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West Nile Virus in North Dakota

Investigators
Hanson, Scott
Institutions
Turtle Mountain Community College
Start date
2004
End date
2006
Objective
GOAL 1: To monitor the spatial and temporal distribution of WNV vector species on the TMCR.
  1. To operate CDC light traps at 18 sites throughout the TMCR to collect adult female mosquitoes and identify them to species.
  2. To analyze the data and identify specific spatial and temporal patterns of vector species distribution.
GOAL 2: to determine determine whether WNV are present in detectable levels in vector species on the TMCR.
  1. To assay adult female vector mosquitoes for WNV by RT-PCR.
  2. Estimate a minimum infection rate of each species found infected with either virus and analyze spatial and temporal patterns the prevalence of WNV on the TMCR.
More information
NON-TECHNICAL SUMMARY: West Nile virus is a danger to humans, horses and wildlife in North Dakota. Mosquitoes transmit the virus. The project will monitor where and when different mosquito species occur within the Turtle Mountain Chippewa Reservation. The project will monitor where and when West Nile virus occurs on the Turtle Mountain Chippewa Reservation.

APPROACH: We will collect adult and immature mosquitoes from the Turtle Mountain Reservation, identify them to species, and assay them for West Nile virus. We will disseminate our results by presentations at professional meetings. Dr. Nasci from the CDC will evaluate the project.

PROGRESS: 2004/09 TO 2006/09
We collected and identified 495 mosquito larvae in 2005 and 384 mosquito larvae in 2006. We collected and identified over 21,000 adult mosquitoes in 2005 and over 6,000 adult mosquitoes in 2006. We have compiled temporal and spatial data on occurrence of 32 mosquito species that inhabit our area, including 6 species that are West Nile Virus vectors. The most abundant species was Aedes vexans in both years.
OUTCOMES: We have established baseline data for mosquito population densities, species composition and temporal occurrence of vectors. These data will influence WNV surveillance and control decisions by public health decision-makers at the tribal, state and federal level. Food and agriculture science and higher education in the U. S. will be enhanced by the fact that many students have gained valuable training and research experience in the agricultural sciences. All of the students hired at TMCC were Native American, thus increasing the diversity of students receiving scientific experience and training in agricultural science techniques.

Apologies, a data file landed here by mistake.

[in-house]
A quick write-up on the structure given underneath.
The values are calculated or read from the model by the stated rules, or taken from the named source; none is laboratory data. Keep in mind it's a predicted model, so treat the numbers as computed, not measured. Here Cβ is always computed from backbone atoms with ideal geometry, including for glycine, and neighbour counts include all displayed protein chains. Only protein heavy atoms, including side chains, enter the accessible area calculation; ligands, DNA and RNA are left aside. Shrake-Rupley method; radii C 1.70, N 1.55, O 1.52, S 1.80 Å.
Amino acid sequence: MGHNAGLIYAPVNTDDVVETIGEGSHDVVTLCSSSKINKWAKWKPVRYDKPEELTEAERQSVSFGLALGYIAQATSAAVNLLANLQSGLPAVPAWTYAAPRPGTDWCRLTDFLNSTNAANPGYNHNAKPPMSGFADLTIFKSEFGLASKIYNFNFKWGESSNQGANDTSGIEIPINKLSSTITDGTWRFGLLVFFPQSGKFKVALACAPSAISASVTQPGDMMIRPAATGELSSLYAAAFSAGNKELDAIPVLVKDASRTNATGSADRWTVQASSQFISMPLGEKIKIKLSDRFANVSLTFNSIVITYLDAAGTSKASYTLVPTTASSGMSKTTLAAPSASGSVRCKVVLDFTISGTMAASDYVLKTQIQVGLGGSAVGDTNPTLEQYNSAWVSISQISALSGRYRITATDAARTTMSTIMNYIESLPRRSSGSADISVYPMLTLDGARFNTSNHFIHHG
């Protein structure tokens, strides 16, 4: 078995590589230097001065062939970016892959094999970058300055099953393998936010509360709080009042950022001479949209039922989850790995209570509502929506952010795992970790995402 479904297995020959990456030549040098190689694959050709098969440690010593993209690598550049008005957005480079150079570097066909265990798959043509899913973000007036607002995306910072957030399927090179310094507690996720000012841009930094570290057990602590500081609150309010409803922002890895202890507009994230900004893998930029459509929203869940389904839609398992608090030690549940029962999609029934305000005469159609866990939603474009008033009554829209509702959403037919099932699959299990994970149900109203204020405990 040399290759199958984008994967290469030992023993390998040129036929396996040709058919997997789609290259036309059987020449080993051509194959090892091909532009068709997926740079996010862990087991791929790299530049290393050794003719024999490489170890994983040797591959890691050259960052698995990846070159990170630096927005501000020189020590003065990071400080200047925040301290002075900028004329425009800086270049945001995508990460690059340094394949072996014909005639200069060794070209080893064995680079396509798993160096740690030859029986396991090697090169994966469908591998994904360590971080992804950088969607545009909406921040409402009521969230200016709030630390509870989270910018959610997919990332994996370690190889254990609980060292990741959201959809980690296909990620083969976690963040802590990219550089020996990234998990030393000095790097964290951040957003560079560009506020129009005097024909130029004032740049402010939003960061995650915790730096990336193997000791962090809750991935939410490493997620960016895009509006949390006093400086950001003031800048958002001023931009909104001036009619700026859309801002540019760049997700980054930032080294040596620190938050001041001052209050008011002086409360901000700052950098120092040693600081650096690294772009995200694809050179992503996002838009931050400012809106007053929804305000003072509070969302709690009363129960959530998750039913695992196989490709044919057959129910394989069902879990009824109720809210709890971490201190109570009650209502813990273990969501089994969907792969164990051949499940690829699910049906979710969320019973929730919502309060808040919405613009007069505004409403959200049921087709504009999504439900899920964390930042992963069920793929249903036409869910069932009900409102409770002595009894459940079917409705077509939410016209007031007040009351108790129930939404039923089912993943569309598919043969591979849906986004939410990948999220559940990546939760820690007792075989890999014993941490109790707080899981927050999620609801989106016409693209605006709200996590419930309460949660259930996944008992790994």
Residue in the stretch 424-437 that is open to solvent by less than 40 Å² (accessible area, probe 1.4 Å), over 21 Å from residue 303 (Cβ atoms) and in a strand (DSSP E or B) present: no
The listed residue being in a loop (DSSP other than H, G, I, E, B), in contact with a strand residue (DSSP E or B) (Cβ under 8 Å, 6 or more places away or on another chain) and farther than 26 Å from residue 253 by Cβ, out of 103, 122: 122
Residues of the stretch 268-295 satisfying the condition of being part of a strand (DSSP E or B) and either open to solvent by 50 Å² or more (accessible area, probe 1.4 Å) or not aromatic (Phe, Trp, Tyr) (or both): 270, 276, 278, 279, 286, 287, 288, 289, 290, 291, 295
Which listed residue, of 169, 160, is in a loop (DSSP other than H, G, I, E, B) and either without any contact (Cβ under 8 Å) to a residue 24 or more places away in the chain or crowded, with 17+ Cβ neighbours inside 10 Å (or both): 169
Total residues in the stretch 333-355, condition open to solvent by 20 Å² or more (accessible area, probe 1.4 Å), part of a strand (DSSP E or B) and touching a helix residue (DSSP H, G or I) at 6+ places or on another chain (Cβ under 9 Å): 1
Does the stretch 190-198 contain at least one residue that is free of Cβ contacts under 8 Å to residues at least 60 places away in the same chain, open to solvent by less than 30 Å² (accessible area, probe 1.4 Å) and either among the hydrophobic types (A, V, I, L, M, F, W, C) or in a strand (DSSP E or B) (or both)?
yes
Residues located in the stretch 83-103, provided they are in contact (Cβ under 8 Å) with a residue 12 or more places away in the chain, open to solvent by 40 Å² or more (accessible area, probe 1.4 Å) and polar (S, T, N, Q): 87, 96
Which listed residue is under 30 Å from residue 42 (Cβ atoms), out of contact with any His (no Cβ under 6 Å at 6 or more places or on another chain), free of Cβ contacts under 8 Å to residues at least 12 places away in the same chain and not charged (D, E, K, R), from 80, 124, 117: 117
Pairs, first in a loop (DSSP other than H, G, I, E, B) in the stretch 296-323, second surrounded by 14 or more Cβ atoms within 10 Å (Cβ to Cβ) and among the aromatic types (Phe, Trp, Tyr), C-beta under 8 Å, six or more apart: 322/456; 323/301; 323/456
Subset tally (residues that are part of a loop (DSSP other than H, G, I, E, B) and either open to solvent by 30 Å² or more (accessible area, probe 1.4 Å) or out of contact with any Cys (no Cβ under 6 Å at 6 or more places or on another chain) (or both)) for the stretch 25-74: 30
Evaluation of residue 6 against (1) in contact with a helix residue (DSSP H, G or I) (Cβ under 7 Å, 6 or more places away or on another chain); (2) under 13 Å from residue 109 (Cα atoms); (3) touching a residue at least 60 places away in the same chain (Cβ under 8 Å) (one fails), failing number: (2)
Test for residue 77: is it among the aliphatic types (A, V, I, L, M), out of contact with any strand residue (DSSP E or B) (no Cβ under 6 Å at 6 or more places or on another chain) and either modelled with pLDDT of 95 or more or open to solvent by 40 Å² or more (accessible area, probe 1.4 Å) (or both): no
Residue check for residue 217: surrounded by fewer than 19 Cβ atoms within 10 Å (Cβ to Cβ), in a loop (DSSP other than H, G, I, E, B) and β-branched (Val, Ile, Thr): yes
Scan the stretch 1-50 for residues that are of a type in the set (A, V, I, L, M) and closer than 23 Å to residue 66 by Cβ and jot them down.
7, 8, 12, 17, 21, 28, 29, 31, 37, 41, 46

DISSEMINATION ACTIVITIES: Two students presented research results at the annual national convention of the Entomological Society of America in November 2004. Two students, Shanda Poitra and Ezra Desjarlais, presented research results at the annual AIHEC Conference in April 2005. The PI presented the results of the research to local high school students and community members at the annual "College Awareness Day" event held at our college on October 20, 2006.
FUTURE INITIATIVES: We will apply for funds to continue WNV surveillance.

IMPACT: 2004/09 TO 2006/09
We have established baseline data for mosquito population densities, species composition and temporal occurrence of vectors. These data will influence WNV surveillance and control decisions by public health decision-makers at the tribal, state and federal level. Food and agriculture science and higher education in the U. S. will be enhanced by the fact that many students have gained valuable training and research experience in the agricultural sciences. All of the students hired at TMCC were Native American, thus increasing the diversity of students receiving scientific experience and training in agricultural science techniques.

Funding Source
Nat'l. Inst. of Food and Agriculture
Project source
View this project
Project number
NDE-2004-03894
Accession number
200512
Categories
Education and Training